• This lesson equips you to understand the biblical concept of sin, the factors contributing to its loss, and offers practical steps to reintroduce sin in teaching and preaching for a more complete Christian faith.
  • Through this lesson, you gain insight into the cardinal sins and their contemporary significance, learning how to identify and combat them in modern society for personal and spiritual growth.
  • In this lesson, you gain insights into C.S. Lewis's critique of the loss of transcendence in modern society, his theological perspectives, and his emphasis on imagination in Christianity.
  • This lesson offers an in-depth analysis of the theological differences between Oxford and Cambridge and their impact on the loss of transcendence in modern theology.
  • What then did Lewis write about in The Abolition of Man? The symbol is that the immediate threat is not the abolition of man, but the abolition that there are men without chests. And he means that being without a chest is living two dimensionally and not three dimensionally. It’s not that you just live in space and time, but that you live with space, time and God or, indeed, space, time and morals. And so really it’s simply to live an amoral life. And you begin to lose your emotional life when you live with amorality.

  • Through this lesson, you gain insight into Jacques Ellul's critique of technological society, its consequences, theological implications, and the need for a countercultural response in the face of modern challenges.
  • This lesson guides you in understanding the loss of transcendence, seeking understanding, and retaining hope amidst the challenges of modern society.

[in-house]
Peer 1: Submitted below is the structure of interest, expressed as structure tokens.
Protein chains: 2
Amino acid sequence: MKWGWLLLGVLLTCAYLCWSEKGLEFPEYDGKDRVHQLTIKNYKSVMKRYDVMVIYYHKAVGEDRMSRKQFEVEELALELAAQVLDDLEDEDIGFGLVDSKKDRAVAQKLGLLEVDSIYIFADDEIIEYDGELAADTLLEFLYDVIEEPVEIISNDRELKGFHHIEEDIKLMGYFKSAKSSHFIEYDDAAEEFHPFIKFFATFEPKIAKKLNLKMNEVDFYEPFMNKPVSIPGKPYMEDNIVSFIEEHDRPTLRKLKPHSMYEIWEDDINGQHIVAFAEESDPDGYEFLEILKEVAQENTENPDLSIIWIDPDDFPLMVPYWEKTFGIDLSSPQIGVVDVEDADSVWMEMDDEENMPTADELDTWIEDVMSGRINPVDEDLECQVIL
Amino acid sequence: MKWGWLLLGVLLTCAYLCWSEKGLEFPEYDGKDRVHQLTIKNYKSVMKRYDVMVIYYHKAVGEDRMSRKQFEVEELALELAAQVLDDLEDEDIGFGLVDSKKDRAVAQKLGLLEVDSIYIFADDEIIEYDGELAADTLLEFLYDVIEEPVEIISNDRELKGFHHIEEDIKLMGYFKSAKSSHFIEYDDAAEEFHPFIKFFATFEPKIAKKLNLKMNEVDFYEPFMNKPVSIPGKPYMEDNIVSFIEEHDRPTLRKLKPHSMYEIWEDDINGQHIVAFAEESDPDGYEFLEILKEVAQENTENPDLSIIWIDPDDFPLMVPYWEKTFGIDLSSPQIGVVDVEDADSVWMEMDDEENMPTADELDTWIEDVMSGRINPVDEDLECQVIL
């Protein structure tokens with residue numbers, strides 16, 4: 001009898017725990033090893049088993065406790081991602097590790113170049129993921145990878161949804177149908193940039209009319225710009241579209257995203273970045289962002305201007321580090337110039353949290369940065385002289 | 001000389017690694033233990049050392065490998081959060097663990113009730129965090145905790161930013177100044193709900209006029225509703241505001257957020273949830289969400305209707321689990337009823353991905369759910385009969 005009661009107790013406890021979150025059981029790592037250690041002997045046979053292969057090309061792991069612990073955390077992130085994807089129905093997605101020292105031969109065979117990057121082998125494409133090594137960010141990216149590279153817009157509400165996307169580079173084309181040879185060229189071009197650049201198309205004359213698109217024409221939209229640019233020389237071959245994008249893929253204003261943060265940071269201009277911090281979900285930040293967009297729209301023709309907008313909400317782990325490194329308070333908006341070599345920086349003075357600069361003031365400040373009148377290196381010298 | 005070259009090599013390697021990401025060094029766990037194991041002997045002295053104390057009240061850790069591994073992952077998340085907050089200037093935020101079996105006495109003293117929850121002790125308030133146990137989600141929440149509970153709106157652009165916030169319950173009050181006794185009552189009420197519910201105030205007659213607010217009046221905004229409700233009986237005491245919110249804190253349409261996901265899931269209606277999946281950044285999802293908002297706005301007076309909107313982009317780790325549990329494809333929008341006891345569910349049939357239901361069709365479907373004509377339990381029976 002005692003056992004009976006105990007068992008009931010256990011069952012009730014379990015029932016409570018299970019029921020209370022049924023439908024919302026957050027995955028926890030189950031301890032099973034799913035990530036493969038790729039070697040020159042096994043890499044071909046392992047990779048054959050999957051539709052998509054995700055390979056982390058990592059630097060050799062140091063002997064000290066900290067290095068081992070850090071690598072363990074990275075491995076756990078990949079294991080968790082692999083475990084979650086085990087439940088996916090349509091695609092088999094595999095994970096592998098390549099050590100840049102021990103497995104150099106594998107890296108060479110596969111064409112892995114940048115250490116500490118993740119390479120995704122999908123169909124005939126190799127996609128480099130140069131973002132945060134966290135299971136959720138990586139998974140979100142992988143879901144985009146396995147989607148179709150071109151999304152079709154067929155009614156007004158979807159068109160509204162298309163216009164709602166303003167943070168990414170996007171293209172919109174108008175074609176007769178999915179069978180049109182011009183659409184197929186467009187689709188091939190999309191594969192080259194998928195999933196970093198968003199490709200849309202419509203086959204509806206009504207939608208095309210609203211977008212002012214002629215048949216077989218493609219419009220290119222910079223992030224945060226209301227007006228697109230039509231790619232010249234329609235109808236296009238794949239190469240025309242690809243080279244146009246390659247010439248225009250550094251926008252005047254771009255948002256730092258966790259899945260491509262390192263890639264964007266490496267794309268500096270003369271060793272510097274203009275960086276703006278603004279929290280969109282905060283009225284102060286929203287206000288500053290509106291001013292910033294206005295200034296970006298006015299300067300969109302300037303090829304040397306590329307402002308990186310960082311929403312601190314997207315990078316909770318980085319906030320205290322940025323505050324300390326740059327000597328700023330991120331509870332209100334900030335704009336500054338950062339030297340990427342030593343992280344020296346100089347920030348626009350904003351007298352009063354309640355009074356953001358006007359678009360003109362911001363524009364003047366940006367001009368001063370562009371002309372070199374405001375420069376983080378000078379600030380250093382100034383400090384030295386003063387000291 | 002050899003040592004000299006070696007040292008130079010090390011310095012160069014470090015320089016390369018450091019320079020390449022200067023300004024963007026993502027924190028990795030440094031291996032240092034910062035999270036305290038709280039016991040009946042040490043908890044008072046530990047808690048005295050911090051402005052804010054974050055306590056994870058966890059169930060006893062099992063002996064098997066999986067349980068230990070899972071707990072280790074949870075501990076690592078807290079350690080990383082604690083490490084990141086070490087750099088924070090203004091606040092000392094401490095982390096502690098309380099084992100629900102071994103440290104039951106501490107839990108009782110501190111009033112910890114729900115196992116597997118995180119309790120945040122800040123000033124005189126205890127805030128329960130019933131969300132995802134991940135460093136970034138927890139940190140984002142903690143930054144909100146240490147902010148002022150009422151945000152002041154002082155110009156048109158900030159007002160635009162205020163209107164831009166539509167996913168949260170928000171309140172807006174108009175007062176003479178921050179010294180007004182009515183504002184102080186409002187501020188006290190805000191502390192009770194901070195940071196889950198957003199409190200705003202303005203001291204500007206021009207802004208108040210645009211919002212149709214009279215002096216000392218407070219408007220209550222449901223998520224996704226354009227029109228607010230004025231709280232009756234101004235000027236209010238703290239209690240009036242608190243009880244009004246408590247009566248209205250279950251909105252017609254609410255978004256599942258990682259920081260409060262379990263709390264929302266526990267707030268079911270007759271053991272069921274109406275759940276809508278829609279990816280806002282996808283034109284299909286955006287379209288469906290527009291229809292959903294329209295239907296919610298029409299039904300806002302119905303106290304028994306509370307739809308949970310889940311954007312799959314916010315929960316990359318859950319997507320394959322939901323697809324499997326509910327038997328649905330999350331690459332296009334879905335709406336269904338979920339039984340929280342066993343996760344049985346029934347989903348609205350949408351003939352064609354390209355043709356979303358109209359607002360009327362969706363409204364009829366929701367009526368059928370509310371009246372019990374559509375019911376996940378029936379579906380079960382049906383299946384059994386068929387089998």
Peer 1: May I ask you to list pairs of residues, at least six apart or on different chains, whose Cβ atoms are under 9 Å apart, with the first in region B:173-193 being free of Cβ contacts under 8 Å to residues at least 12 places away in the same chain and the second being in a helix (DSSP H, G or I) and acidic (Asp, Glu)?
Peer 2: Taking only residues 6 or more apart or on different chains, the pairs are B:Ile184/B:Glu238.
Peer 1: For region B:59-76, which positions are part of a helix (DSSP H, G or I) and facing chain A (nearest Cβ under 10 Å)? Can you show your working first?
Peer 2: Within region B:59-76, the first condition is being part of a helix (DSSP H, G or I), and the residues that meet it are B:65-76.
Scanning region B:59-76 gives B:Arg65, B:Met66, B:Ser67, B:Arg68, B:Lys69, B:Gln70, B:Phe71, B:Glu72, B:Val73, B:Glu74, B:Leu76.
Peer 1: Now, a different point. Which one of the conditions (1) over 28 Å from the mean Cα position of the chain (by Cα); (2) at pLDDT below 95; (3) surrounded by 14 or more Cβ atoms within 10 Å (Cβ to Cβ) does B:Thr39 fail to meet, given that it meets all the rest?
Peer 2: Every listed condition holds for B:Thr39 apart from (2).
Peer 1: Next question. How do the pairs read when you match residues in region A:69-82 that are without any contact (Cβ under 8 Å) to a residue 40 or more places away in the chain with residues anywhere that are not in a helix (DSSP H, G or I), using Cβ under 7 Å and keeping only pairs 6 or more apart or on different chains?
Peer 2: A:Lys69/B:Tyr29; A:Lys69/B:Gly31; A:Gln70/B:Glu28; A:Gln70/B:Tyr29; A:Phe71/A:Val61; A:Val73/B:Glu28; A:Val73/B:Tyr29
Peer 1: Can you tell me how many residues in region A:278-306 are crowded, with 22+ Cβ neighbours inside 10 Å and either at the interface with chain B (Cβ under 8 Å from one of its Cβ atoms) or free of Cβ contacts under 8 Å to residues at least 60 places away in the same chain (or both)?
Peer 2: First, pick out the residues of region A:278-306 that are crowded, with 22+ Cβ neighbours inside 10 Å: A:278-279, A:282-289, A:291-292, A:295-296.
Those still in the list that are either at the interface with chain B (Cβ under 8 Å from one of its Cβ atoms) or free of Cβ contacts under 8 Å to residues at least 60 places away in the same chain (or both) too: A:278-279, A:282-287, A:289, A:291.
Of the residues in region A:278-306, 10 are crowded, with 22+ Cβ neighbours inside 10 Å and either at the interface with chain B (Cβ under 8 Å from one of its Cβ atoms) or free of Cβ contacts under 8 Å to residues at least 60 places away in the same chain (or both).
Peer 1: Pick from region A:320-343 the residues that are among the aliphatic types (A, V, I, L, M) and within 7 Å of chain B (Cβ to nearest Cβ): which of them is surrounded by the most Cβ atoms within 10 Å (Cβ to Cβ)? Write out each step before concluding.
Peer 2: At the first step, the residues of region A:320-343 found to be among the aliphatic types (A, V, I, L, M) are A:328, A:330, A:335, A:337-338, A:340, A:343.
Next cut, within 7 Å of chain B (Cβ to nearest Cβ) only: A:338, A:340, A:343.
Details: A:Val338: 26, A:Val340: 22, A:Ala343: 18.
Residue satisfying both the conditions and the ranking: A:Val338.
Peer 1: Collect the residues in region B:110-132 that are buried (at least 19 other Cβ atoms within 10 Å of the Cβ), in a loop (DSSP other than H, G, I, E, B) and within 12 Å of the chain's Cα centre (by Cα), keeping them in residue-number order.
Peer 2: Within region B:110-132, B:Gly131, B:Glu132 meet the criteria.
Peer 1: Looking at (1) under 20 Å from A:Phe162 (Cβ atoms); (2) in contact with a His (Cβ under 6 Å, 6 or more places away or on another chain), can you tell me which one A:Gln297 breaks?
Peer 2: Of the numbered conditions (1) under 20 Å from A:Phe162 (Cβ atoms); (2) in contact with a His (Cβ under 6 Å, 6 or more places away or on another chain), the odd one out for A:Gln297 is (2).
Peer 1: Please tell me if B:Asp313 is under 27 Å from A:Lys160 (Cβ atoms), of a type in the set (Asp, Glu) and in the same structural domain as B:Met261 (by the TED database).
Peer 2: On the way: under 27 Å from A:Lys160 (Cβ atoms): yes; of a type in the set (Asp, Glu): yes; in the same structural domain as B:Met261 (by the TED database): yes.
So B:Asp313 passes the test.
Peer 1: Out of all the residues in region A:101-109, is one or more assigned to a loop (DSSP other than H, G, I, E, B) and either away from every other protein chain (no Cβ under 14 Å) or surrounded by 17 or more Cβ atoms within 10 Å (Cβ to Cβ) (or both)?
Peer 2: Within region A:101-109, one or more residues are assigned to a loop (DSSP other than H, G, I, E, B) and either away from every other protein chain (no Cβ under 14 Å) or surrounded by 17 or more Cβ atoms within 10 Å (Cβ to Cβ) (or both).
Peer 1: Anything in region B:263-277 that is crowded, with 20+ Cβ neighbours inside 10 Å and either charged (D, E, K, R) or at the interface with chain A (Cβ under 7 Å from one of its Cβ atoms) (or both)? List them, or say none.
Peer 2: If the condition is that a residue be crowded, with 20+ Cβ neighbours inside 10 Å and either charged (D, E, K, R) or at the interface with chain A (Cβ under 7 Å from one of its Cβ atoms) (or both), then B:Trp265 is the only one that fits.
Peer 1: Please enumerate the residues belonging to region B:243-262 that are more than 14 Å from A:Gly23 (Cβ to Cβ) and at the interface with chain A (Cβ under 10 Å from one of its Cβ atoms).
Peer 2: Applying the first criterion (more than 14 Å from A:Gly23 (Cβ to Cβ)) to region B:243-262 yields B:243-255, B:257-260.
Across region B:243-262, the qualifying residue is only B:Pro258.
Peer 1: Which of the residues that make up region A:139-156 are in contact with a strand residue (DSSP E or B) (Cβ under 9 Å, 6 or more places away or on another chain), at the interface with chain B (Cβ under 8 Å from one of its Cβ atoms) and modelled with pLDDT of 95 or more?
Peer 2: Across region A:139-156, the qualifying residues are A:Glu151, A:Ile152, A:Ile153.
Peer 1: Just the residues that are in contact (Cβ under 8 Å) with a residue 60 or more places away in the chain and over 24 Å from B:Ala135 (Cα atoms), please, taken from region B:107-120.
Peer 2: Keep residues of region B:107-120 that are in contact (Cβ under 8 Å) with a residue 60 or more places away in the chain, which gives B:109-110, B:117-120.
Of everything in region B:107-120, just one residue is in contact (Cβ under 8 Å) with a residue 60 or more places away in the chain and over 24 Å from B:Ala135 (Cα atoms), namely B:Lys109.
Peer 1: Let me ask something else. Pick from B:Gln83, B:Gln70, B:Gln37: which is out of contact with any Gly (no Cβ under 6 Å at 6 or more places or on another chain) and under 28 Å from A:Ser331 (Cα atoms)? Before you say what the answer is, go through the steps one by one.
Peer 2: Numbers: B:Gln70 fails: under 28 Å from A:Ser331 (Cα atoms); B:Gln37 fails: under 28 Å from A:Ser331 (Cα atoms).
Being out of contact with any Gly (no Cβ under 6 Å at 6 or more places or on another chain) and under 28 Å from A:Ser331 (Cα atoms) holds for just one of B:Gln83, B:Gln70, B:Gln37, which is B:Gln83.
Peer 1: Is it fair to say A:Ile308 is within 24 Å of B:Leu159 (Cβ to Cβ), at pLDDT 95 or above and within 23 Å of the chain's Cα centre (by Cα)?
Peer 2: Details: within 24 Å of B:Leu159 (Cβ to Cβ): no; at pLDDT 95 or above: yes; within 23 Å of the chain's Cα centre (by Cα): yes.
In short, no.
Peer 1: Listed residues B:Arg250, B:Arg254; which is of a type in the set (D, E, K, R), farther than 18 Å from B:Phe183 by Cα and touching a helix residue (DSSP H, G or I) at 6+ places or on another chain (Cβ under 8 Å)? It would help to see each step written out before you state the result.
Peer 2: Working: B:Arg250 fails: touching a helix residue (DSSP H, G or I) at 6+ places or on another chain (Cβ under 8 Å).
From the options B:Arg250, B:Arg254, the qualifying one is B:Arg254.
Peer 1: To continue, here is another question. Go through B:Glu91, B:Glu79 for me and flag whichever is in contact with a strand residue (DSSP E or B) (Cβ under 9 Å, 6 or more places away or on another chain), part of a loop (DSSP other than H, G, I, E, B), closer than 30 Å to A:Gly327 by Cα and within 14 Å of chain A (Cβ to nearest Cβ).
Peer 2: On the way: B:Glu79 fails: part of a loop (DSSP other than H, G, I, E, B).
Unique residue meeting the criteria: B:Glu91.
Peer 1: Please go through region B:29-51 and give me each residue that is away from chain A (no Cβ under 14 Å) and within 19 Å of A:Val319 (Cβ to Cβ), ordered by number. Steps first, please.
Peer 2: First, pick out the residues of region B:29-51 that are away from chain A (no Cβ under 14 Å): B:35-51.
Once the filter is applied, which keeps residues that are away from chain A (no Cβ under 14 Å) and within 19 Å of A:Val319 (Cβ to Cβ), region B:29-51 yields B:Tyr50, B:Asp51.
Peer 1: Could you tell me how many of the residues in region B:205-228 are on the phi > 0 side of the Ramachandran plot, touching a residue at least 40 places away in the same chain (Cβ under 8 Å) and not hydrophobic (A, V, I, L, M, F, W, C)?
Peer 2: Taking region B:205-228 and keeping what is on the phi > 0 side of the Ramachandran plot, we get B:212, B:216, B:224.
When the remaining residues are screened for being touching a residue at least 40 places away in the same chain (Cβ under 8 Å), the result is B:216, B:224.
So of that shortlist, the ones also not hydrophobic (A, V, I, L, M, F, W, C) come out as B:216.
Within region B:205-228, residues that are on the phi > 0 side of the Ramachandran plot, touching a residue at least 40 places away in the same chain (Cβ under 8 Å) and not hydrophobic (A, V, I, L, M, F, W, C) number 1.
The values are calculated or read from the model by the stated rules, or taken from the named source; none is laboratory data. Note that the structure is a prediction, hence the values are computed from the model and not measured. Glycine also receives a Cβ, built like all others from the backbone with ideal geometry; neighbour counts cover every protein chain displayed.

• You gain insight into Jacques Ellul's life, his views on the loss of transcendence, and the influence of his work on theology and society.
  • You will learn about the concept of technique in the modern world, its characteristics, societal effects, and the spiritual implications it holds for faith and transcendence.
  • In this lesson, you gain insights into the implications of technique on society, its challenges, and ways to respond from a biblical perspective, ultimately aiming to strengthen human connections and reclaim transcendence.
  • Through this lesson, you gain insights into the Psalms' structure, types, role in ancient worship, and their significance in modern Christian life, prayer, and spiritual growth.
  • In this lesson, you will explore the role of domestic involvement in the Psalter, its significance in Ancient Israel's worship, and the impact of the Psalms on the community, values, and beliefs.
  • Gain insights into the connection between biblical eschatology and secularity, understanding key aspects and themes while learning to reclaim the transcendent in eschatology.
  • This lesson offers insight into the theological tensions between immanence and transcendence, their impact on modern theology and worship, and the practical steps for reintegrating them into the Christian life.
  • In this lesson, you gain insight into the concepts of immanence and transcendence, their effects on theology and culture, and the importance of integrating both for a balanced Christian worldview.
  • In this lesson, you gain insight into time and eternity, God's relationship with them, and their impact on human experience and theological concepts such as soteriology, eschatology, and Christian living.
  • Gain insight into Old Testament concepts of time, the role of numbers and patterns, the significance of time in biblical prophecy, and the theological implications concerning God's sovereignty and human responsibility.
  • This lesson provides insight into the New Testament's complex understanding of time, addressing concepts such as the Kingdom of God, the present age, and eternal life, and offering guidance for Christian living.
  • In this lesson, you gain insight into the loss of transcendence in modern society and learn how to recover and foster a transcendent view within your personal faith and church life.

This course on the loss and recovery of transcendence in our contemporary culture is, of course, appropriate for all Christians, but, I think, especially for us here in North America, for the political prominence of a Christian religious culture that we’ve had in North America that makes us all the more exposed to the secularisation of contemporary Christianity.